Video Frame’s Background Modeling: Reviewing the Techniques 74 improves the LTABM, by employing the following defi nition for background model [10]: , ,, 1 ,1 1, i xy kr xy xy rk W IW BI others W 0i (6) where W is the moving length. The background is the average of recent W captured frames. The weights of the last W frames are equal, but it cannot be written in a re cursive form, which results in a very high memory re quirement. 2.5. Running Gaussian Averaging Background Modeling The Running Gaussian Averaging Background Modeling (RGABM) approach not only can be used to reduce the varying luminance effect and noise, but also can be writ ten in a recursive form, as follows [16]: 1 ,, ,0 , 1,1, 0, 0 kk xy xy k xy xy BIk BIk 0,1 (7) where 1 , k y B represents the background model in k1 previous frames, and is the background updating rate. In this method, the value of is very important and is typically set to 0.05 [18]. 3. StatisticalBased Background Modeling Methods In statisticalbased background modeling, the probability function of background is estimated. This function de termines the probability for the belonging of the pixel to the background. Despite nonstatistical based methods, these approaches are suitable for modeling outdoor and dynamic scenes. A number of these approaches are re viewed in the following subsections. 3.1. Gaussian Mixture Model One of the challenging issues in background modeling is to model repetitive motions in the video such as the shining water, leaves of a branch, or a waving flag. Stauffer and Grimson in [2] have introduced the Gaus sian mixture model (GMM) to extract the statistics of repetitive moving objects often exist in outdoor scenes. This approach employs the finite mixture method [20] to estimate the background model. In finite mixture me thod, 1, , ii xxi n can be estimated as the sum of c weighted kernels as below: 1 ;, c ii i fxpgxc n (8) wher denotes the weight for the ith kernel e pi , 1 i i p c , pi ≥ 0, ag (x; i nd ) is the probability density function with i as the kernel density parameter. For eachn give feature vector x, it is considered as the background if fx . In (8), the parameter should be set in a way that a higensity function be assigned to the samples her value d be long to the background. This issue causes the back ground and foreground pixels be classified with an ac ceptable accuracy. The authors in [2] have used the EM as a valuable tool for optimizing problem. In using the EM technique, the number of kernel function must be given. In this ap proach, an initial estimate for the kernel parameters val ues is needed. After that, the parameters are updated fol lowing the new data value. The first step is to determine the posterior probabilities given by (9). ˆ ˆˆ ;, ˆ1, 2,,; ˆ ijii ij px icj 1, 2,, j n fx (9) where ˆij xj represents the estimated posterior prob ties that belongs to the ith kernel, abili ˆ ˆ ;, ii x is the Normal density function of ith kernel evaluated at xj ,i gx in (8) was assumed to be Normal with ˆ ˆ ;, ˆ ii x , and x is the finite mixture esti mat xj. robability in (9) provides the li kelihood that a point s to each of the separate ker ne ated Indeed, the posterior p belong l densities. We can use this estimated posterior prob ability to obtain a weighted update of the parameters for each kernel. Following the EM algorithm, updated pa rameters for the mixing coefficients, the means, and the covariance matrices are obtained as bellow [20]: 1 1ˆ n iij j wn (10) 1 ˆ 1 ˆˆ nij j iji np (11) 1 ˆˆ 1 ˆ ˆ ni jji iji x np (12) Stauffer and Grimson have used the follo tionally simplified equations, as they can be implemented us ˆ T ji x wing computa ing recursive technique in programming [2]: 11, kktk wwpkx (13) 11 kkkkt where (14) 11 1T k kkktk x 1 tk x (15) Copyright © 2011 SciRes. JSIP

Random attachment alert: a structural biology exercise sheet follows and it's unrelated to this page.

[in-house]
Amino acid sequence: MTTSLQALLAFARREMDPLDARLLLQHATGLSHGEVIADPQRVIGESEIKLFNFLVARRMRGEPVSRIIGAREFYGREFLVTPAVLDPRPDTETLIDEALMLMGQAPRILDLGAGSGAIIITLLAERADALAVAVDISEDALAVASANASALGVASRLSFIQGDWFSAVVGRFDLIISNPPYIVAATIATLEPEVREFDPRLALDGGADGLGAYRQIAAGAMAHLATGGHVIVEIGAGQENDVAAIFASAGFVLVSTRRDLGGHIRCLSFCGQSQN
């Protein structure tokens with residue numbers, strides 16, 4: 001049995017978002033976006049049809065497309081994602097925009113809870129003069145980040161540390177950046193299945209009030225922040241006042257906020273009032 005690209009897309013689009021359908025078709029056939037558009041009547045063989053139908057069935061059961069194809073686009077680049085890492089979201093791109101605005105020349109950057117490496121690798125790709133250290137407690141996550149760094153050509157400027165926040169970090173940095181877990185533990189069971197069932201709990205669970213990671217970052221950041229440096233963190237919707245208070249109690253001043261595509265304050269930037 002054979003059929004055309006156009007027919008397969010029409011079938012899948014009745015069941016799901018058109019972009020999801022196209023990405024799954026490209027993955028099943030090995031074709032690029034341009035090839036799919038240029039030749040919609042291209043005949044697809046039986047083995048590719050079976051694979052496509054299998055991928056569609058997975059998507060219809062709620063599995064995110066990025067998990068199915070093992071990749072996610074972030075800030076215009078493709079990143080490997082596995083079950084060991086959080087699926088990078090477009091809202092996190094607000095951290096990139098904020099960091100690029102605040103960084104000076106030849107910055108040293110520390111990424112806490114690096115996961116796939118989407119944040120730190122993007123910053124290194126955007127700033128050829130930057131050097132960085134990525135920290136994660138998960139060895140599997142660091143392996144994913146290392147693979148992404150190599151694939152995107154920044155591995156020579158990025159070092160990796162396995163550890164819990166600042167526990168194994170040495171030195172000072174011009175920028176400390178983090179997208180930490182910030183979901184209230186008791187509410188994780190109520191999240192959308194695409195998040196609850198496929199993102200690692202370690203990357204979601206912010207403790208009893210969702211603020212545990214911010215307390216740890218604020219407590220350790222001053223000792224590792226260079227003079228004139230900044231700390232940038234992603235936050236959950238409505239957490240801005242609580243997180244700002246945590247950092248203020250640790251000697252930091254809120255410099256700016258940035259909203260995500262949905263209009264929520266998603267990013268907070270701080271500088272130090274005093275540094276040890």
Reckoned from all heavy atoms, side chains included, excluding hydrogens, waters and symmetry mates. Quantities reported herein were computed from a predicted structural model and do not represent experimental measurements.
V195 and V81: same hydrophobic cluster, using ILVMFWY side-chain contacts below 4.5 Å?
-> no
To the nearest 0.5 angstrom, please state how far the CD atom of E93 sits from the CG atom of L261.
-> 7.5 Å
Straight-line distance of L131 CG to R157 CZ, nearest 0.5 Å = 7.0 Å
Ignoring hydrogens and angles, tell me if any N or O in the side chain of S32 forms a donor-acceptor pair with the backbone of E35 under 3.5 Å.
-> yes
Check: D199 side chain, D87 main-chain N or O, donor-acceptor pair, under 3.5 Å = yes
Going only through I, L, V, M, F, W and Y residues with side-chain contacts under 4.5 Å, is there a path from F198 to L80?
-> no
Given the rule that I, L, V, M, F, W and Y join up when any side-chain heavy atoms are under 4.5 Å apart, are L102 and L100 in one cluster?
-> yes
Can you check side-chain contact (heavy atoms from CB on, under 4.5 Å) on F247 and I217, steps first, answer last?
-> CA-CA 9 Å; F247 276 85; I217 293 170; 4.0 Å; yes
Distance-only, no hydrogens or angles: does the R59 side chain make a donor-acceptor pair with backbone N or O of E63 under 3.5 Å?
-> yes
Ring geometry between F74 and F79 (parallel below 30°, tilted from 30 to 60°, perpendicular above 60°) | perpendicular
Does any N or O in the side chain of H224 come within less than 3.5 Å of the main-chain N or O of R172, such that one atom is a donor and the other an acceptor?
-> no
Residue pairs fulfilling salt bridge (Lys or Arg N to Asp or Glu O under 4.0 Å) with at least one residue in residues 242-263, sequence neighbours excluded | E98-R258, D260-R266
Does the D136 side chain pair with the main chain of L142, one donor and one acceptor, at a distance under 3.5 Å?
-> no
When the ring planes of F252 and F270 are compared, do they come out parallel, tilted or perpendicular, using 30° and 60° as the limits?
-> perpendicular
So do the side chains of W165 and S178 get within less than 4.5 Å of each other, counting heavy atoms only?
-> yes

Video Frame’s Background Modeling: Reviewing the Techniques75 1 1N (16) , tk kk pkx w (17) 3.2. NonParametric Model Previous methods assumed that the ey need to optimize the rs; but optimization is a parameters of the model are unknown, and hence, th initial values of kernel paramete time consuming operation. To overcome this problem, a nonparametric model was introduced in [1]. In this ap proach, there is no need to optimize the parameters of each kernel. For modeling the messy and fast wiggling behavior, the model must be updated continuously in order to capture the fast changes in the scene back ground. For describing this model, let 12 ,, , xx be a re cent sample of intensity values for a pixel. The probabil ity density function, which indi va cates the pixe d using the l intensity lue (xt) at time t, can be estimatekernel es timator K as following: 1 1 Pr N tti i Kx x N (18) If we choose our kernel estimator function, K, to be a Normal function presents width of kernelnsity can be esti m 0,N function, , where then th e re de the band ated using bellow equation [11]: 1 2 1 12 2 11 Pr e 2π T ti ti 1 N xxx td i xN (19) If we assume independency between the diffe or channels, and each color channel (jth chann different kernel bandwidth value of rent col el) has a 2 i , then the band width matrix would be: 2 1 2 2 2 3 0 00 00 0 (20) and the density estimation is reduced to [20]: 2 2 1 2 2 11 Pr e 2π j tij xN 11 tj ij xx d N j (21) The pixel xtnsidered as part of foregrou is cond pixel if Pr t t over the en wher im e the threshold t is a globa tireage that can be adjusted to achieve a de Since w e distribution and only few pairs are ex l threshold sired accuracy. e measure the deviations between two consecu tive intensity values, the pair (xi, xj) usually comes from the same localintim pected to come from cross distributions. If we assume that this localintime distribution is Normal 2 , , then the deviation (xi – xj) is has also a Normal distribu tion with. 2 ,2N Therefore, the standard deviation of the first distribution can be estimated as [11]: 1 0.68m (22) ve i ects ex l to 4. Performance Evaluation udy we ha ng obj is equa In this stmplemented the above nce in term nd accurac i es: initially th the nonstatistical b traction phase. In th nd coefficient associate on is also d for each pi ls are considered O(K*M* N*d ). for each ents, covariance m described s of mem y in back rements of e statisti ased e updating d xel. for each pixel, then ea sure methods to evaluate their performa ory requirement, consuming time, a ground modeling. In the following sections, we discuss the above factors in each approach. Experimental results of the last two factors are also provided. In the evaluation process, the video frames are assumed to be grayscale and the size of video frames is (M*N) pixels. 4.1. Memory Requirement In this section, we compare the memory requ the above described approach calbased approaches, afterward approaches. 4.1.1. Statistical App roaches The GMM algorithm has two phases: the updating phase, and the movi phase, the mean, variance, a with each kernel (K) are updated. In addition, a number of features (d) are considered for each pixel. In the fol lowing discussions, the mean, variance, and coefficient are verified for a frame of video in using this approach. The following assumptions are considered in evaluating the memory requirement: 1) For mean measurement: If dimension of input data is equal to d, then the mean vector dimensi A number of M*N pixe frame. The number of kernels is equal to K. Consequently, the memory requirement order for mean measurement 2) For covariance measurement: If the number of dimensions is d, then covariance matrix is a d*d matrix. The number of kernels are K K*d*d arrays are required for each pixel. According to above statem ment memory requirement for a single frame is of O(M*N*d*d*K). 3) For coefficient measurement: Copyright © 2011 SciRes. JSIP